Regression is a powerful tool. Fortunately, regressions can be calculated easily in R. This page is a brief lesson on how to calculate a regression in R. As always, if you have any questions, please email me at MHoward@SouthAlabama.edu!
The typical type of regression is a linear regression, which identifies a linear relationship between predictor(s) and an outcome. In other words, a regression can tell you the relatedness of one or many predictors with a single outcome. Regression also tests each of these relationships while controlling for the other predictors, and it can be used to answer the following questions and similar others:
- What is the relationship of job satisfaction and leader ability in predicting employee job satisfaction?
- What is the relationship of hours studied and test grades?
- What is the relationship between NBA player height, weight, wingspan and the number of points scored per game?
Of course, there is more nuance to regression, but we will keep it simple. To answer these questions, we can use R to calculate a regression equation. If you don’t have a dataset, you can download the example dataset here. This dataset does not include any missing data. So, if you are dealing with missing data, you may have to add an extra command or two to your syntax.
First, you need to open your data into R. If you do not know how to do this, please refer to my page on opening .csv values into R. Your syntax should now look something like this:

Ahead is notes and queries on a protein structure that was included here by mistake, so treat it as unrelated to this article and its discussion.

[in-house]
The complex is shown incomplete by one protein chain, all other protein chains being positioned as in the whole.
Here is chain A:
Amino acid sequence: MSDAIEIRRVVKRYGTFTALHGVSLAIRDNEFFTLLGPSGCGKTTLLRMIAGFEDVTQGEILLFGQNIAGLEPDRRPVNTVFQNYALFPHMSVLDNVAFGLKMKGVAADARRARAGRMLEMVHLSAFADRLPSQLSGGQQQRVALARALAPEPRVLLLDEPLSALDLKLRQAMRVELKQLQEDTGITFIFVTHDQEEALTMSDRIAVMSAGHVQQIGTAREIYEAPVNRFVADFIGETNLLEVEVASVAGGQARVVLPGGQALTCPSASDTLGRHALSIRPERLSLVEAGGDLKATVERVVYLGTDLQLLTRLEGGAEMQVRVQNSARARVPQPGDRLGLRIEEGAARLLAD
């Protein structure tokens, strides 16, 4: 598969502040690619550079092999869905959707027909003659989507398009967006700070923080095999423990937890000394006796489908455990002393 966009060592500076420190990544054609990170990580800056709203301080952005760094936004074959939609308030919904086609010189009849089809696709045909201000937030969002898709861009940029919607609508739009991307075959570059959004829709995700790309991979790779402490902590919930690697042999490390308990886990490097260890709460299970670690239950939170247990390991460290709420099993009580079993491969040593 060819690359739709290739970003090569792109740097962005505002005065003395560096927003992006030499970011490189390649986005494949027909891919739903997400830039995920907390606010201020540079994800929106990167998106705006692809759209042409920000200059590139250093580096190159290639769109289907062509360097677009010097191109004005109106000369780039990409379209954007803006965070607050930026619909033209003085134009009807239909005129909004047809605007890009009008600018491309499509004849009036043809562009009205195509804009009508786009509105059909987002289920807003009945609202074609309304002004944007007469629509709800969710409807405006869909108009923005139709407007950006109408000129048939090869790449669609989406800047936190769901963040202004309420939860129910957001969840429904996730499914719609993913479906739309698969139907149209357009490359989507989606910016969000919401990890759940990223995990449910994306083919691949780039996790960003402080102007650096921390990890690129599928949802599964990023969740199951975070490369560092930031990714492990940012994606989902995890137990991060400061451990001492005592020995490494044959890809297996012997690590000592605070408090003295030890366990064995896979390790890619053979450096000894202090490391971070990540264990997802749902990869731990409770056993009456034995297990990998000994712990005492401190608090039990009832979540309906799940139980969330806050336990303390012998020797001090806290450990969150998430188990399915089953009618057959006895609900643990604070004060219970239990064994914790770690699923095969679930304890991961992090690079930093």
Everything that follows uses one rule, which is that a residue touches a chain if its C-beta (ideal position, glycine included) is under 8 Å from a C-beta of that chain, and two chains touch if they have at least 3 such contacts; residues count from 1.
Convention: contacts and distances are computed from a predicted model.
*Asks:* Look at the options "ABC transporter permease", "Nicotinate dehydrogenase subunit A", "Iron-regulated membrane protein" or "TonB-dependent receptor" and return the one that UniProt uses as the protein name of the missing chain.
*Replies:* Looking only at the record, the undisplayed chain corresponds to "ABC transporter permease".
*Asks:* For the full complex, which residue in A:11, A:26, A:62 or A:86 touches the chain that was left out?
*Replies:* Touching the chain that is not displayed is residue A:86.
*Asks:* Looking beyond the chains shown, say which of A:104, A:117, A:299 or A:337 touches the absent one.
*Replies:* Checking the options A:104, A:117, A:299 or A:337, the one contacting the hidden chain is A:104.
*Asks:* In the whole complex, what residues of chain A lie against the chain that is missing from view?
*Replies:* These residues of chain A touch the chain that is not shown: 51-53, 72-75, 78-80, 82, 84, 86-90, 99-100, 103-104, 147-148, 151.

We can now type our command syntax. To start, we are actually going to assign our results to a label, which will be useful later. For this example, we are going to label our results as: results . So, you should type: results <- .
We want to type in our command, which is: lm( .
Now, we can type our regression model. For the current example, we want Var1 to be our outcome, which should come first in the model. To designate Var1 as our outcome, we would type: MyData$Var1 ~ . We can refer to Var1 by typing MyData$Var1 because our dataset has labels.
Our predictors should be entered next, as separated by plus signs (+). In the current example, we are going to use Var2 and Var 3 as our predictors. So, we should type: MyData$Var2 + MyData$Var3 .
We should then enter a comma (,), and designate that we are using MyData as our dataset. To do so, we would enter: , data=MyData .
Remember how we are assigning our results to the label “results”? If we were to run the syntax above, it would just assign our results to the label “results” without actually telling us the results. For this reason, we need to enter the following on a new line: summary(results) .
Run your syntax, and you should get something like the following:
Did you? If so, great! Let’s look at these results. First, in the coefficients section, we get an estimate for each predictor (beta), a standard error, a t-value, and a p-value. From these results, we can see that Var2 was not a significant predictor of Var1, but Var3 was a significant predictor of Var1. Interesting! We can also see our overall model results, such as the multiple R^2, which may be of interest to some readers.
From this example, you should be able to run a regression on your own in R. You can also use the example dataset to create different regression equations. If you have any questions or comments while doing so, feel free to email me at MHoward@SouthAlabama.edu.